Obama wins, Hucakbee leads in Louisiana

Published 12:56 am Sunday, February 10, 2008

BATON ROUGE (AP) — Barack Obama won the Democratic presidential primary in Louisiana on Saturday, but will share in the state’s delegates for the party’s nomination with Hillary Clinton.

The state’s 67 Democratic delegates will be awarded mainly on the proportion of vote received by the candidates — making it unlikely the delegates awarded to each would be clear Saturday night.

Danny Ford, executive director of the Louisiana Democratic Party, said he wasn’t surprised by the results because Obama, the Illinois senator, put more energy into capturing Louisiana than Clinton, the former first lady.

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‘‘Obama had a field staff here in the state, and he’s been running commercials for a few weeks. He played here,’’ Ford said. Of the Clinton campaign, Ford said, ‘‘They tried to mount an effort, but the Obama campaign’s really been working the state harder.’’

Meanwhile, Mike Huckabee led John McCain in Louisiana’s Republican contest, with 20 delegates at stake in a competition considered mainly a beauty contest because McCain effectively sealed the Republican presidential nomination earlier this week.

Huckabee, a former Arkansas governor, was leading with 45 percent of the vote to McCain’s 41 percent, with 81 percent of precincts reporting.

However, the 20 Republican delegates only are committed if a GOP candidate gets 50 percent or more of the primary vote. Another 27 delegates on the Republican side aren’t committed no matter the outcome of the primary election.

The leading Republican contenders were absent on Louisiana’s political scene, but the Democrats — locked in a tight competition — gave some attention to the state.

Obama spoke in New Orleans on Thursday about hurricane recovery needs and mounted a TV and radio ad campaign.

Former President Bill Clinton made a Friday swing through the state to stump for his wife, whose campaign ran radio ads around Louisiana.

Black voters, who make up 45 percent of the state’s Democratic voters, seemed to favor Obama, helping boost the candidate’s votes, according to exit polls.

Larry Hammond, 57, a black retired Postal Service manager, said he decided to vote for Obama a few weeks ago after a debate in which Obama described his stands on Iraq and the military.

‘‘He solidified it the other day when he talked about Louisiana needing a 5-year plan for levee protection,’’ said Hammond, who lives in New Orleans, which is still struggling to recover from the damage of Katrina nearly 2 1/2 years ago.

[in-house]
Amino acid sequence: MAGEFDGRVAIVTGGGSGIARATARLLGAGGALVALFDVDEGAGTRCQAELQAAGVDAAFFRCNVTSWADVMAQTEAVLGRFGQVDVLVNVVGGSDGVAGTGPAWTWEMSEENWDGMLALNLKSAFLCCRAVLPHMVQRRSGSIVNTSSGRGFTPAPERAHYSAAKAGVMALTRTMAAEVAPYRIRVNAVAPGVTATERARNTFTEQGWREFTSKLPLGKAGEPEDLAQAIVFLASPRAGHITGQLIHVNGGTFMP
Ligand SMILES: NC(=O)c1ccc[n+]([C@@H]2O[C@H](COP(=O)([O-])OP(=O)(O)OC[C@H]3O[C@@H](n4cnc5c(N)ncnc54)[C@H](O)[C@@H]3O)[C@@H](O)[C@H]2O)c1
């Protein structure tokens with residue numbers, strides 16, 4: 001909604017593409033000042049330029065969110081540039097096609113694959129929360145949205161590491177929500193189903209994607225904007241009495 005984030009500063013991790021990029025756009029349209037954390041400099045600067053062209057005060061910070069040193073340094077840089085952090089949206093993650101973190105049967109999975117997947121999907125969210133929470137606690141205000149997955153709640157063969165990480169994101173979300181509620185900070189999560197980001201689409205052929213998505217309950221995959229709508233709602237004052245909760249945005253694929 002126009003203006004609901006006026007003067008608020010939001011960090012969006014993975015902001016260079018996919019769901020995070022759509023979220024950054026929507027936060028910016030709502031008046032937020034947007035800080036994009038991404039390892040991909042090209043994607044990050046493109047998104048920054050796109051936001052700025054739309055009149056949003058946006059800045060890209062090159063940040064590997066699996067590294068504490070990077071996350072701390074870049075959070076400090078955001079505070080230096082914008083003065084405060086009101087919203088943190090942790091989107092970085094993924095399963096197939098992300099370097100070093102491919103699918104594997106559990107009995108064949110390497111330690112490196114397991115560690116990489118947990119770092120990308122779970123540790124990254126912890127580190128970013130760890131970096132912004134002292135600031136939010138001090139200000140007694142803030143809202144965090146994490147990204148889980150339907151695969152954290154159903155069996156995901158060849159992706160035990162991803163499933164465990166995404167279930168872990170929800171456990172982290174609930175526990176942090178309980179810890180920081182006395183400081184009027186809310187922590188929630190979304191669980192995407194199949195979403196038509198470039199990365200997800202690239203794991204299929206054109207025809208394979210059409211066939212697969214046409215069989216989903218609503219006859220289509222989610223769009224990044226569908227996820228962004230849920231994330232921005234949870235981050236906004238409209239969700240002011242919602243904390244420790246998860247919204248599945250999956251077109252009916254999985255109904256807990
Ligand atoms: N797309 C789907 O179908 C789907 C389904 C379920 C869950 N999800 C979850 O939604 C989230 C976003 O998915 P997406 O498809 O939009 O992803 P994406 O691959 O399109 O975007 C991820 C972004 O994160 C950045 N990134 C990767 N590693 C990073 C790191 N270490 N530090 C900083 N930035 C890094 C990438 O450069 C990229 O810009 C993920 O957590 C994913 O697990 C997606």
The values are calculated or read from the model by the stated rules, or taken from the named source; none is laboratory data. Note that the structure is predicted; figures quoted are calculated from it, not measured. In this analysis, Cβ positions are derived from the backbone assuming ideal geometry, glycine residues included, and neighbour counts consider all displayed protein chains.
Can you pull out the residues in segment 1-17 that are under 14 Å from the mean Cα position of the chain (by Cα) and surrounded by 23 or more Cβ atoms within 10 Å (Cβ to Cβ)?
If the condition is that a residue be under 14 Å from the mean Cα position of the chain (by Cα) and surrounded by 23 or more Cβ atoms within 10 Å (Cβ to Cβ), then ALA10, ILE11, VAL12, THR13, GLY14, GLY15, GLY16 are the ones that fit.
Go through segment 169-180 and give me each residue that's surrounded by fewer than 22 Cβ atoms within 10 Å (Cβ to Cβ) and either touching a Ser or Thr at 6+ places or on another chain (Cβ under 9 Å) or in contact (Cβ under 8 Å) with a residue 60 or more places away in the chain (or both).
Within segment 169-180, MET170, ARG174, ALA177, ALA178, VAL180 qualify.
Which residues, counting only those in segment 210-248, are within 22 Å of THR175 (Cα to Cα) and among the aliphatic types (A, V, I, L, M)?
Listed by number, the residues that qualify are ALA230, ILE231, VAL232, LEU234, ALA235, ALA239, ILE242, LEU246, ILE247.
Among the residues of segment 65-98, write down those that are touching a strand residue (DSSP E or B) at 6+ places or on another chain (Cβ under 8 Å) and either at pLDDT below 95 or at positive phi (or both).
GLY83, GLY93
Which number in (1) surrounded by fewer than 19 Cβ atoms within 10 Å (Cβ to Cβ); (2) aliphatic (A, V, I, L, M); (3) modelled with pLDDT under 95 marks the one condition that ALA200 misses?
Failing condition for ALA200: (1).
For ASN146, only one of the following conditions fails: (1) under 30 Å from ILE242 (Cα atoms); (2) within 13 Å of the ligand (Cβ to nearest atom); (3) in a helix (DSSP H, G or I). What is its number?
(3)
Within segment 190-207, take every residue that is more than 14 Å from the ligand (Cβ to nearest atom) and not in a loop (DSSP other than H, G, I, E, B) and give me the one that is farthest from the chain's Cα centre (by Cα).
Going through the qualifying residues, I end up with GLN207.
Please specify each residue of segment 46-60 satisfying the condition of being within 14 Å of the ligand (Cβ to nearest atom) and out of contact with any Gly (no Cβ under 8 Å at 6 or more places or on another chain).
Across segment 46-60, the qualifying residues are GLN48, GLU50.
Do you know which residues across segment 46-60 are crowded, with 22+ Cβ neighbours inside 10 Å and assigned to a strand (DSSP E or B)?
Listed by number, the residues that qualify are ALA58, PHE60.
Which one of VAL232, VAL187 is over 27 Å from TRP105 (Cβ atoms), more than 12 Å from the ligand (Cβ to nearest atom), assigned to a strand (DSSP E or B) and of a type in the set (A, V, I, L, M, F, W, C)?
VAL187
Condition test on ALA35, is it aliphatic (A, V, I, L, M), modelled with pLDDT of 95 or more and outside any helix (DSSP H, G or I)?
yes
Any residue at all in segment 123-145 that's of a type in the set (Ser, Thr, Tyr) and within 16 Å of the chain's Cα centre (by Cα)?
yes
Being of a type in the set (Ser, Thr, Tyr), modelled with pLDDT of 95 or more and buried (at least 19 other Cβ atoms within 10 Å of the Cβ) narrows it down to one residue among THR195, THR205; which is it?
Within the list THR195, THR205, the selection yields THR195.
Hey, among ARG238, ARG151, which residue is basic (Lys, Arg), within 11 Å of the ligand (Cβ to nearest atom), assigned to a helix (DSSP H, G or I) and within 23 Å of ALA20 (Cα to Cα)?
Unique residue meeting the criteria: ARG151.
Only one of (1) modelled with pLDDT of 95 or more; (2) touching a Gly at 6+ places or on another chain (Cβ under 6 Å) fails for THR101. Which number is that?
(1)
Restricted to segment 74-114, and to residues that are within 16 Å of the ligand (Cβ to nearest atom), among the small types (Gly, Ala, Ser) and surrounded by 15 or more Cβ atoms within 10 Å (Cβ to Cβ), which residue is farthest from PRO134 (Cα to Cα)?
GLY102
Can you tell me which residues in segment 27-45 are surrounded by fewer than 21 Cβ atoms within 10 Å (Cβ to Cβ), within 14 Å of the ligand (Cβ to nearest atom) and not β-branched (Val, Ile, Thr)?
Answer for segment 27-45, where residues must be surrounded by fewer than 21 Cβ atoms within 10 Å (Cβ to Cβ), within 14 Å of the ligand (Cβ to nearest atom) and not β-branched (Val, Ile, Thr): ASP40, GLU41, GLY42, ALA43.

Hammond said gender wasn’t an important factor for him, but race was.

‘‘This would be the second opportunity for an African American to be brought before the convention, and one of the first where they’re dead even. That means our issues will have to be dealt with at that level,’’ he said.

Gregory Espinal, a 29-year-old Hispanic barber, said he voted for Clinton after watching her influence on politics when her husband was president. He said leadership and personal qualities weighed more than issues in his vote.

Secretary of State Jay Dardenne predicted between 12 percent and 15 percent of Louisiana’s 2.8 million voters would cast ballots, according to spokesman Jacques Berry. The election cost the state $5 million.

Only Republicans and Democrats could vote in the primary, leaving out 22 percent of voters who aren’t affiliated with either party.

Obama’s campaign said it received complaints from Democrats around Louisiana that they showed up to vote but weren’t allowed to because their party affiliation had been changed to independent or no party.

Berry said elections’ officials believe some people who have voted for Democrats for years likely didn’t realize they had registered as independents or no party years ago because Louisiana’s elections don’t typically involve closed party primaries.

‘‘That’s what happened to a lot of people today based on phone calls,’’ Berry said. ‘‘We don’t switch anybody’s parties. That’s certainly not the case.’’